It depends on the intent. Speculation can be dangerous as a continuation of rumors that turn out not to be true. Speculation can be deceptive if the intention is to see what the public will accept. And speculation can make for a fun debate, the evergreen ‘What If?’ that passes time at a bar, around the pool or over dinner.
This is the later, doubtful that it would ever happen, but it would be interesting if it did.
What if Claressa Shields, the only U.S. boxer to ever win consecutive Olympic Gold Medals went to the UFC? She is without question the most famous female boxer and has no peers in her 165 pound, middleweight class. That she even returned to the Games of Rio after standing on the top podium in London four years ago exemplifies the overall demand for women in professional boxing. There are pros, but even ardent observers of the sweet science are hard pressed to roll off the tongue the female fighters on the current scene. Next to Shields, Laila Ali, who retired undefeated nine years back, is the other name that comes to mind instantly.
Shields has the option of remaining amateur adding to the two world championships she already holds in addition to those matching Olympic Golds, and focusing on three in a row in 2020. Perhaps there would be enough endorsement deals along the way to sustain her financially and that might even be comparable to a pro contract. That is the conundrum of being the best in your sport but one that is virtually unnoticed in the sense of relating to a well paying future. Olympic medalist Shakur Stevenson and Nico Hernandez and quarterfinalist Gary Russell and Carlos Balderas will be signing on the dotted line to get paid for their pugilist services and likely before there is an offer worthy of Shields’ attention.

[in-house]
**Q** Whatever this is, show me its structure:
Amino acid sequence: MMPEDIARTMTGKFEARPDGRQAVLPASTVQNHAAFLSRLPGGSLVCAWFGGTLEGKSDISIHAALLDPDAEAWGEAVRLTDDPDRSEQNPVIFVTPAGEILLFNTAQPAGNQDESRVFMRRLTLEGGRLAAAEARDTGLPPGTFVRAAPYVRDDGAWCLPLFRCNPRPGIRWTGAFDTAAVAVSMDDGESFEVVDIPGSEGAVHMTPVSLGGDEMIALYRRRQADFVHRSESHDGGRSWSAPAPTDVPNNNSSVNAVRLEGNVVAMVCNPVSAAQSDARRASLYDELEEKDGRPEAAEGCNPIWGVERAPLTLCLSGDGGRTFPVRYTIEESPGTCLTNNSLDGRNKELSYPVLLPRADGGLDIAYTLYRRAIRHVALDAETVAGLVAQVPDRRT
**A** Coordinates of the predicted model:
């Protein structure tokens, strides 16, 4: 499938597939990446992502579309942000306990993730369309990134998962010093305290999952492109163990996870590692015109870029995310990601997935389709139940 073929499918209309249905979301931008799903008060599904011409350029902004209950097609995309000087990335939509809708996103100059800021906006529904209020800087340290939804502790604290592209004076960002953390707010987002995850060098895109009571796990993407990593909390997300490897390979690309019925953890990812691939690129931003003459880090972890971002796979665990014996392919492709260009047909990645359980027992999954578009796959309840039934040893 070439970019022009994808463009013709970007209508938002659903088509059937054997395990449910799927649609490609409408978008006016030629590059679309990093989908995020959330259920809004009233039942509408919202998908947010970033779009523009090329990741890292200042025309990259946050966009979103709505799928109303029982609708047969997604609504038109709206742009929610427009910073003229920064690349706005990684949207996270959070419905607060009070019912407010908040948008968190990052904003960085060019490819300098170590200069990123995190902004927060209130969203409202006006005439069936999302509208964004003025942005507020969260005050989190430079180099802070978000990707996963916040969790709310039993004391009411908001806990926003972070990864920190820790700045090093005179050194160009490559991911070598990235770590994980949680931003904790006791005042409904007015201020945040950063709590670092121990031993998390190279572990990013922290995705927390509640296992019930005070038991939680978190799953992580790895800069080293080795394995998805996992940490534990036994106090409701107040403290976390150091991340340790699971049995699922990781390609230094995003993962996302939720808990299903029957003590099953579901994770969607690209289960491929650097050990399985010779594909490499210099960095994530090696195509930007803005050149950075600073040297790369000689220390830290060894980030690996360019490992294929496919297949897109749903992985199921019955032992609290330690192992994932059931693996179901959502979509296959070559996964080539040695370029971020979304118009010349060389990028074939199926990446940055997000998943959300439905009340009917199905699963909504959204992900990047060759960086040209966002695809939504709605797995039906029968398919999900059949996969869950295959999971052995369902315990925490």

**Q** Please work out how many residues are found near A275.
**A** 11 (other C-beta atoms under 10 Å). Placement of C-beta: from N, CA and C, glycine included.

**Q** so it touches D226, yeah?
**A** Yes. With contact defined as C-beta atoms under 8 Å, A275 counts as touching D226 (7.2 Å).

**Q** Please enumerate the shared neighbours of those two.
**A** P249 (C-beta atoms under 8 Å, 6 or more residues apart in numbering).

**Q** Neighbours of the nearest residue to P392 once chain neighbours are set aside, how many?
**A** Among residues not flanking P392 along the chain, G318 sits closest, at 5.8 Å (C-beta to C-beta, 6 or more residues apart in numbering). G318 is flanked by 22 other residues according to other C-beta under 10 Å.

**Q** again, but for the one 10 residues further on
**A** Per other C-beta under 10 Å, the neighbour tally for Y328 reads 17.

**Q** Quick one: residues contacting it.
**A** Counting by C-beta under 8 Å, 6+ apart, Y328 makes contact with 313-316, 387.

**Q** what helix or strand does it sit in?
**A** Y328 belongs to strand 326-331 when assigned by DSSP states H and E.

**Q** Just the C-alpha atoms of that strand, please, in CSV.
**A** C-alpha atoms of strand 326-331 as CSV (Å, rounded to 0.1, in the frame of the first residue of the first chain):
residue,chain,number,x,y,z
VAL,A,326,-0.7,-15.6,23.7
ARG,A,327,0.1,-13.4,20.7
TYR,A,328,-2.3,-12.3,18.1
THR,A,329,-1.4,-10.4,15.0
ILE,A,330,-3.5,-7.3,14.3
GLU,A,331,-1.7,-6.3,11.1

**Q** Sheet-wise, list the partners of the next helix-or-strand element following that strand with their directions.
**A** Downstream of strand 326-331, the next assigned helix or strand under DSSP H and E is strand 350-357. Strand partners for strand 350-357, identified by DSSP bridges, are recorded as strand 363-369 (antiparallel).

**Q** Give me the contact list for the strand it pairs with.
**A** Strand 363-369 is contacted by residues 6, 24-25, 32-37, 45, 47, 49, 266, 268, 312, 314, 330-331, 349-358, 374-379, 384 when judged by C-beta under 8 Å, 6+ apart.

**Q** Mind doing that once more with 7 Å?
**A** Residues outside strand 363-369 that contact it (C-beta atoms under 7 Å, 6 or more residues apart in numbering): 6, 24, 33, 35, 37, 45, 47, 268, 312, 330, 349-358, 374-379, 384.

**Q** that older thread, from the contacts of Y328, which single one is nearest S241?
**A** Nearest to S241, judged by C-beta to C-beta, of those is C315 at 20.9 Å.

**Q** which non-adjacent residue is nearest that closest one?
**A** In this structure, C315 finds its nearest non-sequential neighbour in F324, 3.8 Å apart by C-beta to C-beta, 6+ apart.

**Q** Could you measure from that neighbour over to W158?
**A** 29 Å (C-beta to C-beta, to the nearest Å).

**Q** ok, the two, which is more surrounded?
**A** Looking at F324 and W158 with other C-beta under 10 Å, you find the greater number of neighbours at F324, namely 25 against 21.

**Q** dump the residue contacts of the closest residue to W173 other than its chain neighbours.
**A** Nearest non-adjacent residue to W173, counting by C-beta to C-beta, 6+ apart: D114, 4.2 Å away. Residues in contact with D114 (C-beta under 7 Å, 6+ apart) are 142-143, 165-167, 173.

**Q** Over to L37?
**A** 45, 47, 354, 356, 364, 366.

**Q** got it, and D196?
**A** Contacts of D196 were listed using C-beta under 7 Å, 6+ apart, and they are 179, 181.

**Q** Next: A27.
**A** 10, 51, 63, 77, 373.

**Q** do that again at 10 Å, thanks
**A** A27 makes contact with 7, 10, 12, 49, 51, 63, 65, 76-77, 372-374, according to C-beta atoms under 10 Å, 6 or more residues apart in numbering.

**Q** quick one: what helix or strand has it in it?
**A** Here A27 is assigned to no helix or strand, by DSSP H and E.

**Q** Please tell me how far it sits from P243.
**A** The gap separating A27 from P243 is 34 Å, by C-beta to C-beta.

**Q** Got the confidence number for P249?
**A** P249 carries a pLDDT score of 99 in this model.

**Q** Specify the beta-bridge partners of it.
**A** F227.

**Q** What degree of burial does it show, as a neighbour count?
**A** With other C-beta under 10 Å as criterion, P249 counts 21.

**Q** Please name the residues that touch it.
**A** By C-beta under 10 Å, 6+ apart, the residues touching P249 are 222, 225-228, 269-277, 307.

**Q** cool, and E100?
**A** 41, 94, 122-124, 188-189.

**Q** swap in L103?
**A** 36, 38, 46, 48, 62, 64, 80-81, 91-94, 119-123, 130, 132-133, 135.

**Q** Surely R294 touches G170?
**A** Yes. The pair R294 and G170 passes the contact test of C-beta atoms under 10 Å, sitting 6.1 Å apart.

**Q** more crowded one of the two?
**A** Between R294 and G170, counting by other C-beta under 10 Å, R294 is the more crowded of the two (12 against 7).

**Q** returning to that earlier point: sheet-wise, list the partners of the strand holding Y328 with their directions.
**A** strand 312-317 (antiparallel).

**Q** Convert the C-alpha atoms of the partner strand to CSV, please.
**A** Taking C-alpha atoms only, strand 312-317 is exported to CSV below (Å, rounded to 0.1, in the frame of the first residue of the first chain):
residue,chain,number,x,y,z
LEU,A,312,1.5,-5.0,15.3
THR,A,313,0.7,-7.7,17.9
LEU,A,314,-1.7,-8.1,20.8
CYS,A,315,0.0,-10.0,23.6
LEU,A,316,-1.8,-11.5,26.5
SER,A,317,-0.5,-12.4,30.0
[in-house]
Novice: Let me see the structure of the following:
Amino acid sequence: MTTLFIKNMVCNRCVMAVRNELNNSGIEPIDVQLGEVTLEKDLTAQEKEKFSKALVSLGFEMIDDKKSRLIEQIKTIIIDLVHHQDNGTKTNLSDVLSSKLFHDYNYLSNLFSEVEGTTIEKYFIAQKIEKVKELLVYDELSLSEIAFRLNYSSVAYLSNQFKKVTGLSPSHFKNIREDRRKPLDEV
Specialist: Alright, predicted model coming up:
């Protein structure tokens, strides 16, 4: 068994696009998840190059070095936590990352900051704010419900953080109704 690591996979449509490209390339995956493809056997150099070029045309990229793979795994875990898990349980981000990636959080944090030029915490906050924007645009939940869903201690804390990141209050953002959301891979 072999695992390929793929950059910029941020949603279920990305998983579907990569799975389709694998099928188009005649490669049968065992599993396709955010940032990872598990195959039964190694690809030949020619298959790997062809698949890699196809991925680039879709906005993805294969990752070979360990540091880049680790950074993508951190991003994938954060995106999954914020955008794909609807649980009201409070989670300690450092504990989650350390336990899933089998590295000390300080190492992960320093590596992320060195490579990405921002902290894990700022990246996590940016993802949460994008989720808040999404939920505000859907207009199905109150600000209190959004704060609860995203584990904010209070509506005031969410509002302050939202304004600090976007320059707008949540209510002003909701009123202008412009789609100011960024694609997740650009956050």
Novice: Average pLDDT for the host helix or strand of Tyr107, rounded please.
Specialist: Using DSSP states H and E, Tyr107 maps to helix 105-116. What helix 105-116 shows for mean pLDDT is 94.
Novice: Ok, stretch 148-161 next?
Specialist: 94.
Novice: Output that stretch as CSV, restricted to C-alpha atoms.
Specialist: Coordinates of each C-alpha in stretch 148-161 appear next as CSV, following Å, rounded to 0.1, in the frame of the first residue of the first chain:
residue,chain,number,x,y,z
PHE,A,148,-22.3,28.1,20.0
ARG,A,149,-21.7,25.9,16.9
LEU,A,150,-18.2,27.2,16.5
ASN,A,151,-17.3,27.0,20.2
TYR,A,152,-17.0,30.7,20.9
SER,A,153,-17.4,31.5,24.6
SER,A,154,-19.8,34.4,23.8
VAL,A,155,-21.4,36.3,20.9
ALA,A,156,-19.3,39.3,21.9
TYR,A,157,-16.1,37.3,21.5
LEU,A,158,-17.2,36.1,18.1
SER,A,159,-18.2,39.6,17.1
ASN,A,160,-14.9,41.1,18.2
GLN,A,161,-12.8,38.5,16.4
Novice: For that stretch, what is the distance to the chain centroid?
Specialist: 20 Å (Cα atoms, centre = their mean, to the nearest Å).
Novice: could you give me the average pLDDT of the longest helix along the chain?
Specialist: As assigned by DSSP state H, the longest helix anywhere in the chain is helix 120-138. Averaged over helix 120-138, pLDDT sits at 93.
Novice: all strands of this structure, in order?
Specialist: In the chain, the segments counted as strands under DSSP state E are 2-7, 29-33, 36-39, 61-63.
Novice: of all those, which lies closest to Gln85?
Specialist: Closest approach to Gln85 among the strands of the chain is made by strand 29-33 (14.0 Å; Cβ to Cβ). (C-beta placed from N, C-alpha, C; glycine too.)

It might not be a bias against female fighters as much as the lack of cultivating a brand for women in boxing as the UFC has done, even partnering with the ground breaking all-female fighting organization Invicta to cultivate rising stars. The UFC has made it a fighter is a fighter and even a headliner if they merit the interest of the fans.
One former Olympic bronze medalist in judo has become as famous as any combative sport participant, male or female, cage or ring. Ronda Rousey brought not only talent, but charisma and then some, plus that uncanny ability to seize a moment and a microphone when necessary.
Sara McMann, an Olympic silver medalist in wrestling, also found a niche in the UFC. It would be unfair to compare their careers except that neither of them would’ve made the cash as a pro in their speciality that they have in MMA. While it might seem absurd to talk about pro judo or pro (the non scripted) wrestling, unfortunately for female boxers they haven’t advanced much further.
Which comes back to the What If Shields went to the UFC? The 21 year old hasn’t hit her prime even with those bookend golds. The league wants the best and she is that. The weight is a factor but maybe not, the new catchweight class emerges around 150-155. The marketing job just got easier. A boxing champ, Holly Holm, has had her moment and a belt, proving there is the possibility of transitioning. Cris Cyborg seems like the perfect matchup, or start her out with Holm. Too much standup for an MMA match? Anyone watch McGregor-Diaz II ?
Which brings us back to What Likely Will Happen with Shields? She could stay amateur with enough sponsorships and again, that might be as lucrative as a pro boxing contract in the near future. And the chance for a third gold is a motivator of which no US boxer has ever related. Plus Shields has never hinted she wanted to try MMA.
Leaving the squared circle for the octagon is a long shot at best, but a great dream.
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